Justin Bieber is the next celeb to be roasted on Comedy Central. The Photoshop victim and general twat joked that he had finally given the network enough material to work with. No film or air date yet, but Biebz says it’s a gift for his 21st birthday, which is coming up on March 1 (so help us).
Kevin Hart hosted Saturday Night Live this weekend, but all eyes were on musical guest Sia. Actually, her eyes were covered as she gave the spotlight to her fellow (amazing) performers.
Maddie “Lil’ Sia” Ziegler performed her blonde-wigged/nude-suited choreography for “Elastic Heart” with a matching female dancer (instead of Shia LaBeouf, who costars in the video).
And then she performed “Chandelier” with a badass mime.
All the feels!
And here’s a weird Kyle Mooney (redundant) skit that was cut from the episode:
Lots of people are talking about American Sniper: Did director Clint Eastwood get snubbed for an Oscar nod? Is it “war porn?” Can we stop talking about Bradley Cooper’s “transformation” as if eating 8,000 calories a day is some super difficult task? And what the fuck is happening with that fake baby?
Yes, #fakebaby has been trending, and it all refers to a quick scene with Cooper and Sienna Miller’s characters and their new baby. Which is most definitely a not-alive doll. Seriously, an Oscar-nominated movie with a fake baby? Kids today just do not understand work ethic.
Finally, President Obama gave the State of the Union Address last night, which is a real important thing. Also important: John Boehner’s tan in corresponding Pantone colors:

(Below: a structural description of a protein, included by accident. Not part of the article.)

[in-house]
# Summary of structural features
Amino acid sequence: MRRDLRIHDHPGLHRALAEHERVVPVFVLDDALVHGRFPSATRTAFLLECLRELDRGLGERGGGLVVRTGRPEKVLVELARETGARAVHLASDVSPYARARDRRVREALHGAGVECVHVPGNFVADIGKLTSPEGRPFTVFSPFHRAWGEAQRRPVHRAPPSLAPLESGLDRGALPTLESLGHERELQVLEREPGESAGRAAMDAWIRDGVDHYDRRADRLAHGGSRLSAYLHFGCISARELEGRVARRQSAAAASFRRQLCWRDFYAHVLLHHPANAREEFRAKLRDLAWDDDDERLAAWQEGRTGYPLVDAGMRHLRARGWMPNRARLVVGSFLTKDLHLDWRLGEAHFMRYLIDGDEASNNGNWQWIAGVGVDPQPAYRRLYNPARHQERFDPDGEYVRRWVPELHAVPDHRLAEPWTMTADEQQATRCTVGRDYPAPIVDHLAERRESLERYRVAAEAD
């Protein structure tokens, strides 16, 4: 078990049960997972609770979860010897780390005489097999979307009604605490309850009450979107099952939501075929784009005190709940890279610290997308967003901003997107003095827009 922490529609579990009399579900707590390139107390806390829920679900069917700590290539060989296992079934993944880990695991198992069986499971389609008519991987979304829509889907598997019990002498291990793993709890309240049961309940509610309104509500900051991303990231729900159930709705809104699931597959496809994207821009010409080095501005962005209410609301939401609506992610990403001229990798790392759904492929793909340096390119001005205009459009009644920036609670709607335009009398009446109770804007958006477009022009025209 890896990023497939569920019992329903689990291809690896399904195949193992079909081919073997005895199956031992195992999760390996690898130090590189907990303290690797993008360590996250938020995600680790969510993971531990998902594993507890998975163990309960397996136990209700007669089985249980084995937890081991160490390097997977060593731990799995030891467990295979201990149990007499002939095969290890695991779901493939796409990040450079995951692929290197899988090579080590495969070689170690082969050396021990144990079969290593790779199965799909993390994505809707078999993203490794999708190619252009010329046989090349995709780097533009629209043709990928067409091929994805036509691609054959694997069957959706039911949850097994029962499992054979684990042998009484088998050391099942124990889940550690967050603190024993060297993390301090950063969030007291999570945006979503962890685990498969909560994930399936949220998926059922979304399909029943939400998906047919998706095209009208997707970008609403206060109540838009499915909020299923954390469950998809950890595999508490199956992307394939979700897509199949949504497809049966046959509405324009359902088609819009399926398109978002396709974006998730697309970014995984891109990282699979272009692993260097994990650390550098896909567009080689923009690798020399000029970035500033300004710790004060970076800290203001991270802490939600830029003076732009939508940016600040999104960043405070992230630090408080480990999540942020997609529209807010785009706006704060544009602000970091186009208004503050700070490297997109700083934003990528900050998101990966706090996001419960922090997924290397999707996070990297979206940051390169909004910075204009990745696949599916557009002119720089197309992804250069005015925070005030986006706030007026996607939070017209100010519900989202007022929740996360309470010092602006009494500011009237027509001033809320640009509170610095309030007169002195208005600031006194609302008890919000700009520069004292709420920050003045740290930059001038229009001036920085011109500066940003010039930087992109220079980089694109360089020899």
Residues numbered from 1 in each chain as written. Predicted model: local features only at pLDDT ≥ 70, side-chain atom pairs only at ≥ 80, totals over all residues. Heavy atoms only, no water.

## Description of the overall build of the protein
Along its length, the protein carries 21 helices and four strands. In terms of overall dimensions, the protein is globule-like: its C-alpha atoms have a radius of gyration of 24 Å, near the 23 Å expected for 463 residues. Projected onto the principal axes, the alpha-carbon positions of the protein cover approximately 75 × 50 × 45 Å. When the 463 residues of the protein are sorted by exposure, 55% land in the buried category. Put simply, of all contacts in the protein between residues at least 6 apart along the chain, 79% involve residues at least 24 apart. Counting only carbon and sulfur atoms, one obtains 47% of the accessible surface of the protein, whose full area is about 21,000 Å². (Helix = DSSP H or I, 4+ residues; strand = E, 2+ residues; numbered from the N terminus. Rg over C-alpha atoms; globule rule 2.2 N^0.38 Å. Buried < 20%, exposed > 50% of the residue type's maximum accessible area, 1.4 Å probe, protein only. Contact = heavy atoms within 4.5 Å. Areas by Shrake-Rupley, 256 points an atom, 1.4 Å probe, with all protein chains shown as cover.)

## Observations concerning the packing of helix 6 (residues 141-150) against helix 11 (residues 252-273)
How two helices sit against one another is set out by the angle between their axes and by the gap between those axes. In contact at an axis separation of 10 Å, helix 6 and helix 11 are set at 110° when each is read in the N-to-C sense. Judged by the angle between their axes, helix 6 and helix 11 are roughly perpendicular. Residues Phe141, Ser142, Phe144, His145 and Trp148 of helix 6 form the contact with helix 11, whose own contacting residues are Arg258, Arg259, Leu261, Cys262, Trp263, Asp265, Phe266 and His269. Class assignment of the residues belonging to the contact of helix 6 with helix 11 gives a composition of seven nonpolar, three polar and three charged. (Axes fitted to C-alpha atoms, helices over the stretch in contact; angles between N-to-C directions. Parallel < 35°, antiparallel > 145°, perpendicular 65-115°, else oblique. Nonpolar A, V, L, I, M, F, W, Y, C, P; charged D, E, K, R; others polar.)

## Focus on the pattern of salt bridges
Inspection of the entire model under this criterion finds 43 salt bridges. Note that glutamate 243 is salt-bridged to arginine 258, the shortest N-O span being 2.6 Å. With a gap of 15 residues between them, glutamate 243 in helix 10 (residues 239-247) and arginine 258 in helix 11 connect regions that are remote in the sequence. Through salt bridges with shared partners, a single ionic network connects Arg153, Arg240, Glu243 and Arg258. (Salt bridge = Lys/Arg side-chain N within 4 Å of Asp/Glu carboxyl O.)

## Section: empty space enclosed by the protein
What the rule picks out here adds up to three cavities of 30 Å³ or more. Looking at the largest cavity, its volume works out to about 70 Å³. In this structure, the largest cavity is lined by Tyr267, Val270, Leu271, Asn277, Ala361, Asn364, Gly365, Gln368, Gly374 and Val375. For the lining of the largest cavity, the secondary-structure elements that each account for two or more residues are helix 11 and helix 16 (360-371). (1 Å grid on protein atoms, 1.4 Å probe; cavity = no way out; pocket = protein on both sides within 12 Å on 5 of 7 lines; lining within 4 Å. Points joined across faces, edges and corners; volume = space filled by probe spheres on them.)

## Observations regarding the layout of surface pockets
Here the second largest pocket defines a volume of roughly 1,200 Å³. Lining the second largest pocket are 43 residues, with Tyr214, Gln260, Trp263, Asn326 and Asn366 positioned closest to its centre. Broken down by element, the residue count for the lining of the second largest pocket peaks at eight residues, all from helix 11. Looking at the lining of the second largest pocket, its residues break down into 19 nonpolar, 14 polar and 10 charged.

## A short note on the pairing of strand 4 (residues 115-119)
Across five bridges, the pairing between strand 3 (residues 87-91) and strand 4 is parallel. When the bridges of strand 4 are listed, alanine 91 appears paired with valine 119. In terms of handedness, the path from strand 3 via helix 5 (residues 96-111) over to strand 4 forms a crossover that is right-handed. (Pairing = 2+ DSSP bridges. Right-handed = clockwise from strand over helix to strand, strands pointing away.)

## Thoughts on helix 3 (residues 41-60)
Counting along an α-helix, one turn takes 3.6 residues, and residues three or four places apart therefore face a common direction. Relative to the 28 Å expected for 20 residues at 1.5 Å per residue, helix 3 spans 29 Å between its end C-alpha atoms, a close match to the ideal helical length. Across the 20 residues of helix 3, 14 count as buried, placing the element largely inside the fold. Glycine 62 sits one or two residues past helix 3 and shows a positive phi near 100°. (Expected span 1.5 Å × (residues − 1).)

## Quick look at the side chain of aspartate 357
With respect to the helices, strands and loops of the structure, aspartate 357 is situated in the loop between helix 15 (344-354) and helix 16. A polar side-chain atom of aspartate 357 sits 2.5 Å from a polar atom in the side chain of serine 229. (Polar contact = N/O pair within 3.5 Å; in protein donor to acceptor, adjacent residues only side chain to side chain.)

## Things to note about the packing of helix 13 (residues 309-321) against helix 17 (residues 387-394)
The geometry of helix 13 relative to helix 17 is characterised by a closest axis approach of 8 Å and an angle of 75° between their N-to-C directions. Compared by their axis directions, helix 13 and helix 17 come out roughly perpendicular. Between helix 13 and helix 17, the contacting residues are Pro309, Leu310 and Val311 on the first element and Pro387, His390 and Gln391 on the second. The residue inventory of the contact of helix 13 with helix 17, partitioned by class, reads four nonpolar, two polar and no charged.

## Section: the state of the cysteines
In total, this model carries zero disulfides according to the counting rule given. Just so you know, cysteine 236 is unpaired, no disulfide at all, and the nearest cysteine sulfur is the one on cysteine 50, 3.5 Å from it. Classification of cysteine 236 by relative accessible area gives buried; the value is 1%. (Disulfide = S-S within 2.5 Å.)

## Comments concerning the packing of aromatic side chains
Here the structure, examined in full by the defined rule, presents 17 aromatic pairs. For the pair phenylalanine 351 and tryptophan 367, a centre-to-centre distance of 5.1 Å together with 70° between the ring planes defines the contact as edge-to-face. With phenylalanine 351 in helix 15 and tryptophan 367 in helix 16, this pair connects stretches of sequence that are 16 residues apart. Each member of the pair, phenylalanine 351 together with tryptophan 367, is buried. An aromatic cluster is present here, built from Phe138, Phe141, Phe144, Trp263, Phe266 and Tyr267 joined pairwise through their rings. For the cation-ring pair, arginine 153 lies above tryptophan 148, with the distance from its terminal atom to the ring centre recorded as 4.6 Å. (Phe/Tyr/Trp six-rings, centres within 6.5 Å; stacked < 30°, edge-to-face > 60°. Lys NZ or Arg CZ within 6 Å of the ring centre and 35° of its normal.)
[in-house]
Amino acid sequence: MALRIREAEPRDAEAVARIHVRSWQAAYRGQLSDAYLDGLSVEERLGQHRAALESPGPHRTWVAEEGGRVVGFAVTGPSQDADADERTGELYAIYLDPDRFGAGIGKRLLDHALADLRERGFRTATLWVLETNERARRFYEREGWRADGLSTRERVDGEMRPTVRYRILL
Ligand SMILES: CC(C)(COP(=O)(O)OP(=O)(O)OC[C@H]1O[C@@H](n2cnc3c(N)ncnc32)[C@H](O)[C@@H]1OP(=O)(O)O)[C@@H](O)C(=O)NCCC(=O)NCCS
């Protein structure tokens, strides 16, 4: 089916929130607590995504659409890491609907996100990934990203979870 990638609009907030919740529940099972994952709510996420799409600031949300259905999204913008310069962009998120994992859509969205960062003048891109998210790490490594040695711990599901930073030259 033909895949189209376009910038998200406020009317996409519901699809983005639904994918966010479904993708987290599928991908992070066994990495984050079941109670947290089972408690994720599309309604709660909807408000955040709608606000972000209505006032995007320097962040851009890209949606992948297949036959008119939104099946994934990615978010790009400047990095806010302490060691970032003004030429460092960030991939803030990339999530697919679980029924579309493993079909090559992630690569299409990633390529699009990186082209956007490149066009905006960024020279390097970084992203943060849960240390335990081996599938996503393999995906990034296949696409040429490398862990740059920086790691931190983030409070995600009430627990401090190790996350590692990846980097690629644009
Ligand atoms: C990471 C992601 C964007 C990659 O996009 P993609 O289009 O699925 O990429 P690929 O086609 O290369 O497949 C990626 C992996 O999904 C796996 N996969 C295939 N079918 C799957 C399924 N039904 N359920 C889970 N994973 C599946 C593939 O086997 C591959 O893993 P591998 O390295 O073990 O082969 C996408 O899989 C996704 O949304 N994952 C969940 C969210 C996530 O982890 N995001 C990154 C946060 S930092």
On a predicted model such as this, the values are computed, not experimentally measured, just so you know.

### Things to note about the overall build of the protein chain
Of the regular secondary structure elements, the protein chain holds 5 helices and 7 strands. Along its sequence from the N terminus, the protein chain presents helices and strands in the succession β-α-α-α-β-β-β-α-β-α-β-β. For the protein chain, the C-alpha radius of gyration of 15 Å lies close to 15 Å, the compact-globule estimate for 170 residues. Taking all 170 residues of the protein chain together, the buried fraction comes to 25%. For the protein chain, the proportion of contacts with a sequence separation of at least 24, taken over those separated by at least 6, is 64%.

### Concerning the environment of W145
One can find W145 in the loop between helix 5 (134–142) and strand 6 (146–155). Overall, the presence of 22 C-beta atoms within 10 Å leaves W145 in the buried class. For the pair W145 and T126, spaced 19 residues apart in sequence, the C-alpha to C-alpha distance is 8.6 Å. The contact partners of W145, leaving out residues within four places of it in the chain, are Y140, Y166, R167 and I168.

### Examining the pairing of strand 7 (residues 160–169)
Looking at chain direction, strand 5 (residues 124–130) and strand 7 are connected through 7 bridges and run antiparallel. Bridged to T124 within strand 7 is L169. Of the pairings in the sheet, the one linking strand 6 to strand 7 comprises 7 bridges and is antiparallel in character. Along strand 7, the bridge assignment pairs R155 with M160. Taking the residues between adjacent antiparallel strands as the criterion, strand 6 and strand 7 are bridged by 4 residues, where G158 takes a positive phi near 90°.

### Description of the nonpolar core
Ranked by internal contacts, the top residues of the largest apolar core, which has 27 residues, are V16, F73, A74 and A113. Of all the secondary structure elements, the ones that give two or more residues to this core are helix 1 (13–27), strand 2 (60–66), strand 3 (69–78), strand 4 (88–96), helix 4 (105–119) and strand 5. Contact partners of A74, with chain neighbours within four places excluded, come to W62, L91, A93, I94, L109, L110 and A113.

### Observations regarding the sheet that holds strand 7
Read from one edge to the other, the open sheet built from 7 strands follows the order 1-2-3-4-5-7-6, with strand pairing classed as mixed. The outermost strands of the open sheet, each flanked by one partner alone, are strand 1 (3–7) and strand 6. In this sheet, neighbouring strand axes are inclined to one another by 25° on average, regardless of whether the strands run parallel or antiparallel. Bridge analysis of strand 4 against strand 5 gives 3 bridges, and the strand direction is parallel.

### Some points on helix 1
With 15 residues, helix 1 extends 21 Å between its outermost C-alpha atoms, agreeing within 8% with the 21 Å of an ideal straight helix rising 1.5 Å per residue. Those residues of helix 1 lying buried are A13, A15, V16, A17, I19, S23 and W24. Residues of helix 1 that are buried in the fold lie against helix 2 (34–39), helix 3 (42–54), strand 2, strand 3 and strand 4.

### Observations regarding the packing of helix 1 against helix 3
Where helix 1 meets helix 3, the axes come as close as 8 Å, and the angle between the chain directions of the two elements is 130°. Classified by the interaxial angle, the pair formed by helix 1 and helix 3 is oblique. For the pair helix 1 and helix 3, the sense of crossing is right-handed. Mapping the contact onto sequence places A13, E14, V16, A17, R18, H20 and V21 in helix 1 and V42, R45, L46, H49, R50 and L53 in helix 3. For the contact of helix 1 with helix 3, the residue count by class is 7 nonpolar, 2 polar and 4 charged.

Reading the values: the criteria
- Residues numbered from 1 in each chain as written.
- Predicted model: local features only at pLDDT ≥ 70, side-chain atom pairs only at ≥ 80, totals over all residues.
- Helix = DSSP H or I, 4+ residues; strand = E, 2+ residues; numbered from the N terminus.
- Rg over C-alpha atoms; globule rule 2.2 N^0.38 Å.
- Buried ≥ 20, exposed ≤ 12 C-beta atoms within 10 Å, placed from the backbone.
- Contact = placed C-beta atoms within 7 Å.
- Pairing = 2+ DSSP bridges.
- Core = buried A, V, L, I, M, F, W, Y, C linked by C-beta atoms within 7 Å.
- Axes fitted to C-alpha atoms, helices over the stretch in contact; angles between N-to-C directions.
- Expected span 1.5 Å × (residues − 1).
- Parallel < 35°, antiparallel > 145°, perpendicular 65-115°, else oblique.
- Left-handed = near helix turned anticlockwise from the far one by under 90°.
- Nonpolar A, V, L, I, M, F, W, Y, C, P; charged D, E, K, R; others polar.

Hello all. I hope you’re not too hung over this morning from playing State of the Union Address drinking games, and that you found something worthwhile in the speech to either applaud or decry on social media for an adequate number of likes/retweets/whathaveyous. I’ll get back to the speech in a moment, but first let’s talk about what’s going on around Cincy.
Cincinnati City Council could vote tomorrow on a plan to consolidate the Cincinnati Police Department’s investigations units and court properties at a single location in the West End. Under the plan, the city would buy the former Kaplan College building at 801 Linn Street and move the units there from the building on Broadway the departments currently share with the Hamilton County Board of Elections. Officials say the move will save the city money — it currently pays well over half a million dollars a month for space in the Broadway building. It may also be the last straw, however, for plans to move city and county crime investigation operations to a centralized site at the former Mercy Hospital building in Mount Airy. Those plans were to include the county’s critically-outdated crime lab and hinge on county commissioners finding millions of dollars to retrofit that building.
• Southbound I-75 near Hopple Street is open again after the old Hopple Street off ramp collapsed Monday evening. The collapse killed a construction worker and injured a semi-truck driver, shutting down the highway all day yesterday. Experts believe improper demolition procedures caused the collapse, though the full cause is still under investigation.
• Former Juvenile Court Judge Tracie Hunter was in court again today as prosecutors sought to retry her on eight felony charges connected to her time as judge. Hamilton County Judge Patrick Dinkelacker today set Hunter’s retrial on those counts for June 1. Hunter was accused of forging documents, misusing a court credit card and other alleged misconduct. Hunter’s supporters say she’s a victim of politics. Hunter campaigned on a promise to reform the county’s juvenile justice system. Hunter was convicted last year on one felony count of having unlawful interest in a public contract. Hunter allegedly helped her brother, who was a juvenile court employee charged with striking an underage inmate, obtain documents illegally. Hunter has appealed that conviction, saying that some jurors changed their verdicts after the case was decided.